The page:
Each week, Dave presents a preview of the week’s most interesting contests from a fantasy perspective, offering his take on player performances, potential sleepers and, of course, the game’s outcome.
Brian Griese: Griese has been on fire of late, and has become a reputable fantasy start. Griese also has not been mistake-prone as in years past, boasting a mark of 13 TDs and only 6 interceptions. He will be in for a tough battle in this game, and he could be forced to pass more often if Michael Pittman gets shut down by the pesky San Diego run defense. Unfortunately for Griese, he only has one productive receiver in Michael Clayton, so spreading the ball around will be difficult. However, San Diego can be had through the air, as they give up 6.8 yards per pass attempt. Taking all of this into consideration, I see Griese having a decent day, but maybe not as good as fantasy owners need as we enter the fantasy post-season. Griese should throw for 180-210 yards, a TD, and a turnover.
Michael Pittman/Mike Alstott: Pittman has been on fire as of late, making the fantasy owners that were astute enough to pick him up look like geniuses. However, I advise Pittman owners to sit him this week as long as you have even a modest back-up. There are several factors working against him this week in San Diego. The first is San Diego’s much improved run defense, which is allowing only 3.6 yards per carry for the year. Second is the recent return of Mike Alstott, who will no doubt hurt Pittman’s production. Pittman should not only lose overall carries, but particularly goal-line carries, which means a vast decrease in touchdowns. A prime example was last week: Pittman’s carries were reduced to 17 (while Alstott had nine), and Alstott stole one of Tampa’s two rushing scores. So as you can see, while Pittman still gets the majority of the carries, he is not getting the 20+ he was used to earlier. Lastly, perhaps the most telling stat is Pittman’s immense struggles on the road:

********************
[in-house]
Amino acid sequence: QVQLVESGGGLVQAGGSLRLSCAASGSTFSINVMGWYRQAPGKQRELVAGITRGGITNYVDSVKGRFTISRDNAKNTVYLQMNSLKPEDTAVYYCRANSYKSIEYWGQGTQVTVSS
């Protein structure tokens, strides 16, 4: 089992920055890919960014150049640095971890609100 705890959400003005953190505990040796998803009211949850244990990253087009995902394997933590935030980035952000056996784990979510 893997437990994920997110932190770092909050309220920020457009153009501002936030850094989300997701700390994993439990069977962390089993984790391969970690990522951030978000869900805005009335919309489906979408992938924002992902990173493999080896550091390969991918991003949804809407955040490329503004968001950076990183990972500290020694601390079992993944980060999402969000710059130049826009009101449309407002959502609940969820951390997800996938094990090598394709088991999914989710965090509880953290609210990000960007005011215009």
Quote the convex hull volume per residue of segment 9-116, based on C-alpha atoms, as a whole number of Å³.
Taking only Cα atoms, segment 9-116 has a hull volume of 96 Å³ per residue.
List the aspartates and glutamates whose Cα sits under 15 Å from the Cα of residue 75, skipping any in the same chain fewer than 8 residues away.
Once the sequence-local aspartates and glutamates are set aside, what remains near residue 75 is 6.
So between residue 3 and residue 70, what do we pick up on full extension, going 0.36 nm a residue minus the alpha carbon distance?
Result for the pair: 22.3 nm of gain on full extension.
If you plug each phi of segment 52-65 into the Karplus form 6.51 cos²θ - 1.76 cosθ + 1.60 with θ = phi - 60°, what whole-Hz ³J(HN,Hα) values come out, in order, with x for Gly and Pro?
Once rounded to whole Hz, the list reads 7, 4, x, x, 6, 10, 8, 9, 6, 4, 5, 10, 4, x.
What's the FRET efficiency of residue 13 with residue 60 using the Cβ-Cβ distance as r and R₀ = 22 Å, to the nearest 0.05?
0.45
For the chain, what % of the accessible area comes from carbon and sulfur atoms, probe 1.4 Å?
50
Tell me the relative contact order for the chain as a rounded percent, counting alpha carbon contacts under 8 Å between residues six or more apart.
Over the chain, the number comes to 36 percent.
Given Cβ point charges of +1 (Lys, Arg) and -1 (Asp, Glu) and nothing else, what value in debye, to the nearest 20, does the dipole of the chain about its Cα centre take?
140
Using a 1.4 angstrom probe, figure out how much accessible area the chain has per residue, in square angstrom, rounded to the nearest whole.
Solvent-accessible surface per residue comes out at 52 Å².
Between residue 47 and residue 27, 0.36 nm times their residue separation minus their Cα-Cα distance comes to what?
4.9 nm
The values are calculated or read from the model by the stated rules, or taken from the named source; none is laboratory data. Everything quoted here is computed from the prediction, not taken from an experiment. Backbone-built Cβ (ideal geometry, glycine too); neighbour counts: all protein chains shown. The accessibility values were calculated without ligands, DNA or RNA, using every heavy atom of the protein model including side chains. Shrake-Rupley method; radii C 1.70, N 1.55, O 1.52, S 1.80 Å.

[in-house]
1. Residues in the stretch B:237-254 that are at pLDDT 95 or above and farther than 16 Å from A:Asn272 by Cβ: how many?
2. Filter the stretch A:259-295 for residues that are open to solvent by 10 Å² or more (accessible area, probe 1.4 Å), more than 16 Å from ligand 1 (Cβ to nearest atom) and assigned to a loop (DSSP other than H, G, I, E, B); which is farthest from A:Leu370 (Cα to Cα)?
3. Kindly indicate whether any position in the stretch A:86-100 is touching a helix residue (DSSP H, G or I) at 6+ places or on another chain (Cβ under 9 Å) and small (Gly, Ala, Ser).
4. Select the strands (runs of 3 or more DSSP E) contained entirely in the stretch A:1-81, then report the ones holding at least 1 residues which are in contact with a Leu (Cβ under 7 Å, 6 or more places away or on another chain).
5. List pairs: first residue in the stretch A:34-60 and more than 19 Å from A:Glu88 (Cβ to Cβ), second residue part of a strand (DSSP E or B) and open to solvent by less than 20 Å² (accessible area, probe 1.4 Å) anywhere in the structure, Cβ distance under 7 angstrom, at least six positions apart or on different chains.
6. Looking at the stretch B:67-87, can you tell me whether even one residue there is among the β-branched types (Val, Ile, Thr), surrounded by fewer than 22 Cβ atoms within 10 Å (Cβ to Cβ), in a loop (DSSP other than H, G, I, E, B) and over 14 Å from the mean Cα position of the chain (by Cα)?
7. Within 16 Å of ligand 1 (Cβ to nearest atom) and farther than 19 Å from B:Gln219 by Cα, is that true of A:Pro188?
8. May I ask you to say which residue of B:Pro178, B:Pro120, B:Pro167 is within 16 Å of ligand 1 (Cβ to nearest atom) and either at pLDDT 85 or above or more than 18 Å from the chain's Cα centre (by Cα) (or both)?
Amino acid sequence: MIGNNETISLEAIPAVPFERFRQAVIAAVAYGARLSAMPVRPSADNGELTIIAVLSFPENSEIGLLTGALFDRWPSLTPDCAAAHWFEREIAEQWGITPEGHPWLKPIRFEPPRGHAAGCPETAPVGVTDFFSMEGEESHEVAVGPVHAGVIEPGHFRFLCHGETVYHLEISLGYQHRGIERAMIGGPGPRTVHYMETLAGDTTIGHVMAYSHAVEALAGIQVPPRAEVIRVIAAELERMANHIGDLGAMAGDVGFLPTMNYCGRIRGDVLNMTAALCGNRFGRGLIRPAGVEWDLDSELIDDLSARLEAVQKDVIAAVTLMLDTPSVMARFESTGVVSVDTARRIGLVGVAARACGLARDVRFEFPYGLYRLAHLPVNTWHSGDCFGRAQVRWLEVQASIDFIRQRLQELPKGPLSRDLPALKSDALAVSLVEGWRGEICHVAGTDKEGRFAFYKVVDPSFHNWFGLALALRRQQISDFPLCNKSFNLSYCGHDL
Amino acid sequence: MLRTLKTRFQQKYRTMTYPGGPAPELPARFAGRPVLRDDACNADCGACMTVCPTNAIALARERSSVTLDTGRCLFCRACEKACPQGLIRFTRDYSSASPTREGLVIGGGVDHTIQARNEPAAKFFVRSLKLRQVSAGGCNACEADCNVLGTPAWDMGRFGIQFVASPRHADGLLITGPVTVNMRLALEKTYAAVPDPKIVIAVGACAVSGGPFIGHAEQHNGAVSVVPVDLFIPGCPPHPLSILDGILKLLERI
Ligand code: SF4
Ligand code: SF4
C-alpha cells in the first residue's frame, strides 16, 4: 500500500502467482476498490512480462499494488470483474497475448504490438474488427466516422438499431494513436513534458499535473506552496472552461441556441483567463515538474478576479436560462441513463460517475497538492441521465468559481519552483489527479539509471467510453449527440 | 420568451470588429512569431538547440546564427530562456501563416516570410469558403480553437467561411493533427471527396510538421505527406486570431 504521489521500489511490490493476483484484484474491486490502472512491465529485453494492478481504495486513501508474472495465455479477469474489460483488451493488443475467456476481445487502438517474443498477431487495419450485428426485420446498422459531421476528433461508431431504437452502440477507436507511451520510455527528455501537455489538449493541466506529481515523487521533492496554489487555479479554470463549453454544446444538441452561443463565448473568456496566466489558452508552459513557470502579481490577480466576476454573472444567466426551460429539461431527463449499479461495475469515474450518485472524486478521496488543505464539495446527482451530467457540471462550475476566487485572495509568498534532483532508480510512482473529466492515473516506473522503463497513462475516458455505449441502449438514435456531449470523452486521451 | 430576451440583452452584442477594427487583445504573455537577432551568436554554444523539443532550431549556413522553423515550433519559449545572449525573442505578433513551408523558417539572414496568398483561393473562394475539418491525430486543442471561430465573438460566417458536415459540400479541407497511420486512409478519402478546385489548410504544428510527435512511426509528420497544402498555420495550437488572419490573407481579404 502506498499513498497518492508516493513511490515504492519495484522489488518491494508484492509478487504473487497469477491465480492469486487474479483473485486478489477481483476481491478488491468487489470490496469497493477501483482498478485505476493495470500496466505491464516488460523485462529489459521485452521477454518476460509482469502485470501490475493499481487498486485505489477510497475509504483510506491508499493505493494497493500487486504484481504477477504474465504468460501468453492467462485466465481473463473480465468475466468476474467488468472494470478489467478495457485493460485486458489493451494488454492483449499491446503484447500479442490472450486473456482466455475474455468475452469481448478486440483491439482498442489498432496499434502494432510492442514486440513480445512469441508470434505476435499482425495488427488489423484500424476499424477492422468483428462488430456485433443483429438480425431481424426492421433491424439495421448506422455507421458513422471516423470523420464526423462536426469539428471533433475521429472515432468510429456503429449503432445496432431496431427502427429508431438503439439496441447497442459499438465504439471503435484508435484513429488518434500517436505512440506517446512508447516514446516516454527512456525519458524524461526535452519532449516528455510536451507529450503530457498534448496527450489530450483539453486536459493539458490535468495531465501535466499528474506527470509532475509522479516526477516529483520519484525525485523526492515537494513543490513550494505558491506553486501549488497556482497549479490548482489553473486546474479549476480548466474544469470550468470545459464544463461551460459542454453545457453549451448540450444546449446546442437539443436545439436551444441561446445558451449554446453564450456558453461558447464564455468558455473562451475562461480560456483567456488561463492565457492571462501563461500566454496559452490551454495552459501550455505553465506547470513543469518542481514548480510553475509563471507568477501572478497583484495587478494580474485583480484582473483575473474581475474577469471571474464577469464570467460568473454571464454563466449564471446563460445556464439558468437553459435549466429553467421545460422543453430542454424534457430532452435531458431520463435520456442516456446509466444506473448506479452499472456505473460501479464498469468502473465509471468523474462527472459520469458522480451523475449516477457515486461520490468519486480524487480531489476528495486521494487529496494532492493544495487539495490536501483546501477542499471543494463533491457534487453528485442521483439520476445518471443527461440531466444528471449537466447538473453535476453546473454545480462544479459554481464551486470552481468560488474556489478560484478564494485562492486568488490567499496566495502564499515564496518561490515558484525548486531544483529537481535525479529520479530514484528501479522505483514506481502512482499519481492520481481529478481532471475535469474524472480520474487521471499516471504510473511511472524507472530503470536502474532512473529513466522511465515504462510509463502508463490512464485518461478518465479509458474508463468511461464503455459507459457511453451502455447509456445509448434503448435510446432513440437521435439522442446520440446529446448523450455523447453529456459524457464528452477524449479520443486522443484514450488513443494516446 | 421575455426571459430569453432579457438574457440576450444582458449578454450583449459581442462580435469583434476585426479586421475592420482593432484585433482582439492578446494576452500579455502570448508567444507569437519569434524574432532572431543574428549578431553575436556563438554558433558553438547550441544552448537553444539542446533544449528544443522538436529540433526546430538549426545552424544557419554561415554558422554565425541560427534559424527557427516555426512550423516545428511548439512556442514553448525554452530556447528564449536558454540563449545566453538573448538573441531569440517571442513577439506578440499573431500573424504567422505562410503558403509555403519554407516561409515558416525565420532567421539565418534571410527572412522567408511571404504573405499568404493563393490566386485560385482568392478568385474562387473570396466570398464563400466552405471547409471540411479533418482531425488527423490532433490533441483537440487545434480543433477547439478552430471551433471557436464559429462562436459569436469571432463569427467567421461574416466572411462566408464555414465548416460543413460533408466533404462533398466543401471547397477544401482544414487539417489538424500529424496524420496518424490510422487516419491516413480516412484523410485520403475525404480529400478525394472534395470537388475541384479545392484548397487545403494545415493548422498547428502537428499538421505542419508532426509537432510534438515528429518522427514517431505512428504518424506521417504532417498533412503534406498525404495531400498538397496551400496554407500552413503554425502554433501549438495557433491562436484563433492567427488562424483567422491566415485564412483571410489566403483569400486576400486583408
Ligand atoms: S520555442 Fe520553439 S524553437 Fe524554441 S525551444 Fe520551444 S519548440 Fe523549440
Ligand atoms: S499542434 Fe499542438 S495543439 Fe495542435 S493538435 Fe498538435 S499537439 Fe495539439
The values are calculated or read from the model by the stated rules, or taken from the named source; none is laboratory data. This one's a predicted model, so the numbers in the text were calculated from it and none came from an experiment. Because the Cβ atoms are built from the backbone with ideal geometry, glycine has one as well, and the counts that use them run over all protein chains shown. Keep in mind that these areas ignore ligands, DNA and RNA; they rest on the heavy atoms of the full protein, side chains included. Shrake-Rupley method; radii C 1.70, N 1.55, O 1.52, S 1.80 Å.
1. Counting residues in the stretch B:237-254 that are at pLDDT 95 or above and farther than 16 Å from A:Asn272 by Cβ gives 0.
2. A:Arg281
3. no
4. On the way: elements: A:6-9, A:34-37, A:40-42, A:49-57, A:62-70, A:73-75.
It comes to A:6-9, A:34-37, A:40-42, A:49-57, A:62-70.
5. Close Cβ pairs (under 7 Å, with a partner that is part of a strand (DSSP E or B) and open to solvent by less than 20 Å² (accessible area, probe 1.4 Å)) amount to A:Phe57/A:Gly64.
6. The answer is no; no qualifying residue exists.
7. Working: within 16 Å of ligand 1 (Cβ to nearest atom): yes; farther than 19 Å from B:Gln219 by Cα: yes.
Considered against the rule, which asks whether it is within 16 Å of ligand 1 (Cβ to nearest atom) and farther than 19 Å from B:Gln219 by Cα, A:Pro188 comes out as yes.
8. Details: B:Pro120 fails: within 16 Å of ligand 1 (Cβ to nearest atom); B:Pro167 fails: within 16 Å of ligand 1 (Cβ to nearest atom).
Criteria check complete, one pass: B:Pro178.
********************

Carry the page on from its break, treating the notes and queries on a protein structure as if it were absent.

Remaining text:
As you can see, Pittman is a different person on the road. His average per carry is cut in half away from home, and he has yet to have a carry over 15 yards. Also, he has yet to taste paydirt on the road, compared to seven TDs at Raymond James Stadium. He does have nearly 300 receiving yard this year, but nearly half of that came against the Panthers two weeks ago, so do not expect receiving production out of him every week. Therefore, I still suggest sitting him this week. Pittman will get 15-18 carries for 50 yards, and a couple of grabs for 10-20 yards. Alstott, on the other hand, will carry the ball 8-10 times for 35-50 yards and a touchdown.
Tampa Bay WRs: The only real play here is rookie Michael Clayton. Out of LSU, many scouts felt he was lacking the skills that were needed to be a premier NFL receiver. These opinions dropped him to Tampa late in the first round. He has responded with a brilliant rookie campaign, catching 61 balls for 843 yards and three TDs, nearly triple the output of the team’s second leading receiver, Michael Pittman. Start Clayton without worry as he should have another productive day as Griese’s favorite target. Clayton will have seven catches for 90 yards and a touchdown. Behind Clayton, there is a plethora of mediocre, aging receivers. Charles Lee (the young guy of the group), Joe Jurevicius, Bill Schroeder, Tim Brown and Joey Galloway have all had down years due to injuries, inconsistency, or a decline in talent. None of these guys should be starting, let alone be on your team at all. This group could combine for a couple of catches, but do not expect much from anyone individually.
Ken Dilger: Dilger has made for a quality sleeper tight end this year, racking up 30 catches for 286 yards and three TDs. Those stats are good enough for Dilger to be Tampa Bay’s third leading receiver. His inconsistency keeps him from becoming a quality fantasy start, but don’t be afraid to plug him into your lineups this week if your primary TE has injury problems. Dilger should have 25-35 receiving along with a red zone look from Griese.
Defense: Tampa’s team defense is not a great start this week against an efficient San Diego offense. Drew Brees has only thrown four interceptions this year, and LaDainian Tomlinson is about as sure-handed as they come at the running back position. The Bucaneers should get two sacks and only one turnover at most. As for IDPs, Derrick Brooks (102 tackles, one interception and three sacks) and Shelton Quarles (72 tackles and 3.5 sacks) are very valuable at the linebacker spot. Each of these guys should have another 6-8 tackles in this tilt, and don’t be surprised if Brooks adds a sack. In the secondary, Ronde Barber and Brian Kelly are the two options. Barber (67 tackles, two sacks, two fumble recoveries and two interceptions) and Kelly (43 tackles, a fumble recovery and four interceptions) are quality starts. Each should have 4-5 tackles, but Barber is the better play because he is a more complete defensive player (he is also utilized more than Kelly on corner blitzes, opening the door for sacks).